By Gareth Vaughan
Doing the same thing over and over again and expecting different results is a famous definition of insanity attributed to Albert Einstein.
This quote came to mind this week when I read a speech from Reserve Bank Assistant Governor John McDermott. He said inflation is expected to rise in the December quarter and be at the bottom of the Reserve Bank's target range. Nonetheless further monetary policy easing will be required to ensure that future inflation settles near the middle of the central bank's target range.
As ANZ's economists noted, McDermott's comments were viewed by financial markets as making "it clear that another OCR cut in November is happening".
The Official Cash Rate is already at a record low of 2.00% having been cut by 150 basis points since June last year.
The Reserve Bank's Policy Targets Agreement (PTA) with Finance Minister Bill English requires it to keep inflation between 1% and 3% on average over the medium term, with a focus on keeping future average inflation near a 2% target midpoint.
In the June 2016 quarter the Consumers Price Index (CPI) rose 0.4% from the March 2016 quarter. And for the year to June 2016 the CPI inflation rate was steady at 0.4%.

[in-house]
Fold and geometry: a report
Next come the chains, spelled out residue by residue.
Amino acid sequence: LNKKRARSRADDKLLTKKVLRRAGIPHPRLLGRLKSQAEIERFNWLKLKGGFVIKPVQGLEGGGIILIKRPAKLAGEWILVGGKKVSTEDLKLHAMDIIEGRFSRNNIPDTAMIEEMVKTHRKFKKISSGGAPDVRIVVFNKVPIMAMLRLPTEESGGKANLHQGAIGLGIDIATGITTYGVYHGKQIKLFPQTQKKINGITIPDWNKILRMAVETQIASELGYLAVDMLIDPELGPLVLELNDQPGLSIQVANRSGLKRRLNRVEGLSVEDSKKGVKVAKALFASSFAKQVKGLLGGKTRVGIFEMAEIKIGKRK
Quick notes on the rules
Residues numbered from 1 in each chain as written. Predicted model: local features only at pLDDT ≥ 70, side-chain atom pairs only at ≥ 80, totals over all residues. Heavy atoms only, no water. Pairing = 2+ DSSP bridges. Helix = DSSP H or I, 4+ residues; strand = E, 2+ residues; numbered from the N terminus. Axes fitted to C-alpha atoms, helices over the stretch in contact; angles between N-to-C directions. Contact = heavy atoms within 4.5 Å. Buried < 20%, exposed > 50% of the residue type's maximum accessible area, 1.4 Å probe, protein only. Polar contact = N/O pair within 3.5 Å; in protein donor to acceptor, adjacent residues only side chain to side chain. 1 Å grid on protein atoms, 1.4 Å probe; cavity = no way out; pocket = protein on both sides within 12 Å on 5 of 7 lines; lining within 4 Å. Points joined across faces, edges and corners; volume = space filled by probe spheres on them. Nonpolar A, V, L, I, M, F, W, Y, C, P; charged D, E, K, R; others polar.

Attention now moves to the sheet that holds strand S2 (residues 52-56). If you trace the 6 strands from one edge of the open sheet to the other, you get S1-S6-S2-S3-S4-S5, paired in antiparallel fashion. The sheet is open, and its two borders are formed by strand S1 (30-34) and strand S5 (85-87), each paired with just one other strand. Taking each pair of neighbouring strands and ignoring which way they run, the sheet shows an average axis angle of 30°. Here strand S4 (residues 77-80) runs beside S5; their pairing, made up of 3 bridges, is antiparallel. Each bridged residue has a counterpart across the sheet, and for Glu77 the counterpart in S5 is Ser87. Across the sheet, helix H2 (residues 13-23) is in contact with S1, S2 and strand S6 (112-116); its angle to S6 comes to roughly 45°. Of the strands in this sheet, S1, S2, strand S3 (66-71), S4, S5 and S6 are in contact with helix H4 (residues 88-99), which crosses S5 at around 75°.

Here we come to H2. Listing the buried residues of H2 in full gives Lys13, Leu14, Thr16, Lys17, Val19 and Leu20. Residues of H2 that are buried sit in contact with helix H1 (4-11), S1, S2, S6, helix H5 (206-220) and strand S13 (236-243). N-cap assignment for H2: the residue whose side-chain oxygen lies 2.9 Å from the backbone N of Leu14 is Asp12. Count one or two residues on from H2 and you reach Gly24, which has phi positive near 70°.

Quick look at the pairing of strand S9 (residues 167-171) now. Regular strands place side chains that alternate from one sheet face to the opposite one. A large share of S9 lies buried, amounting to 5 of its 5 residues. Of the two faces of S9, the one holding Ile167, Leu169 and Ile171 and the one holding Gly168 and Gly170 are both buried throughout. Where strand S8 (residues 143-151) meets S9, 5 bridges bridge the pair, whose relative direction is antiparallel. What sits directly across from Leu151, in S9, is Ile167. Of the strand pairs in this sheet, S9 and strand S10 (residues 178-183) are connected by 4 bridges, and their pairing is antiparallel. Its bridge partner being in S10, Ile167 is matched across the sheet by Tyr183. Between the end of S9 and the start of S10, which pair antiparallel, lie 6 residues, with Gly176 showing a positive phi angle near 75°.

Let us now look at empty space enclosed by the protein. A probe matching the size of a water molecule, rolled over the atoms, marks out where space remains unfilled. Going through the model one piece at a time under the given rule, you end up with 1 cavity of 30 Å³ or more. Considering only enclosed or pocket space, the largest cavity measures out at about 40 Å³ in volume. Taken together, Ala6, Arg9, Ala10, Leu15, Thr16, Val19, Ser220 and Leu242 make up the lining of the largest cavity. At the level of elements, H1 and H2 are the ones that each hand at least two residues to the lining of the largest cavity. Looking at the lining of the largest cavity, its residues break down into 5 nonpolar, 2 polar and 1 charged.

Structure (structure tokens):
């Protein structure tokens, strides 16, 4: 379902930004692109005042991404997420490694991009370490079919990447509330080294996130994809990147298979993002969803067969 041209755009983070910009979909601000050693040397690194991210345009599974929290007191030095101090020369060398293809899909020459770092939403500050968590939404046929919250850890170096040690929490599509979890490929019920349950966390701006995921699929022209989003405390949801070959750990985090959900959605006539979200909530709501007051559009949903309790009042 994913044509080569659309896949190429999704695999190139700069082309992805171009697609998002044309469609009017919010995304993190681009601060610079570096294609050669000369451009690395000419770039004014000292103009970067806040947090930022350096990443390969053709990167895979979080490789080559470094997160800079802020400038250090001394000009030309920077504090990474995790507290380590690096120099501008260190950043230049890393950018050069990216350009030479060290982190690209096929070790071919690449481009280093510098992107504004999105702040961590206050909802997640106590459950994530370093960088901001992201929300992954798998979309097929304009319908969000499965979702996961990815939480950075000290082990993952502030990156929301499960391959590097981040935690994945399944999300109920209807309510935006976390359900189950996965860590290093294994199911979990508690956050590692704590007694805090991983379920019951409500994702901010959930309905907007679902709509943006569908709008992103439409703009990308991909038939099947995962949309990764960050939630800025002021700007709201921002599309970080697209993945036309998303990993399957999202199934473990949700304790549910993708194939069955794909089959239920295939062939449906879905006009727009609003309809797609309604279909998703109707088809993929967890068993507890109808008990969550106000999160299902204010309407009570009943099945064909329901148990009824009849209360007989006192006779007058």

In its August Monetary Policy Statement the Reserve Bank forecast annual CPI inflation would rise to 1% in the December quarter, and to 2% in the September quarter next year. It has now been below 1% since the September quarter of 2014, and was last above 2% in the September quarter of 2011.
Going around in circles
We get the September quarter CPI figure next Tuesday, October 18. That may help paint a clearer picture of whether the Reserve Bank's forecast for December quarter inflation will turn out to be correct. However, with inflation there have been a few false dawns. Notably during 2014 when the Reserve Bank hiked the OCR by 100 basis points to 3.50%, saying inflationary pressures were increasing and were expected to continue doing so.
Thus we've been going around in circles with inflation and the OCR for a few years now. And with the OCR set to be cut to 1.75% at the next OCR review on November 10, we in New Zealand are closing in on a tipping point towards the really, really low interest rates that are now a blight in other developed economies.
And to what end?
Will a lower OCR really help magic up the inflation the Reserve Bank craves to meet its target? I'm not convinced.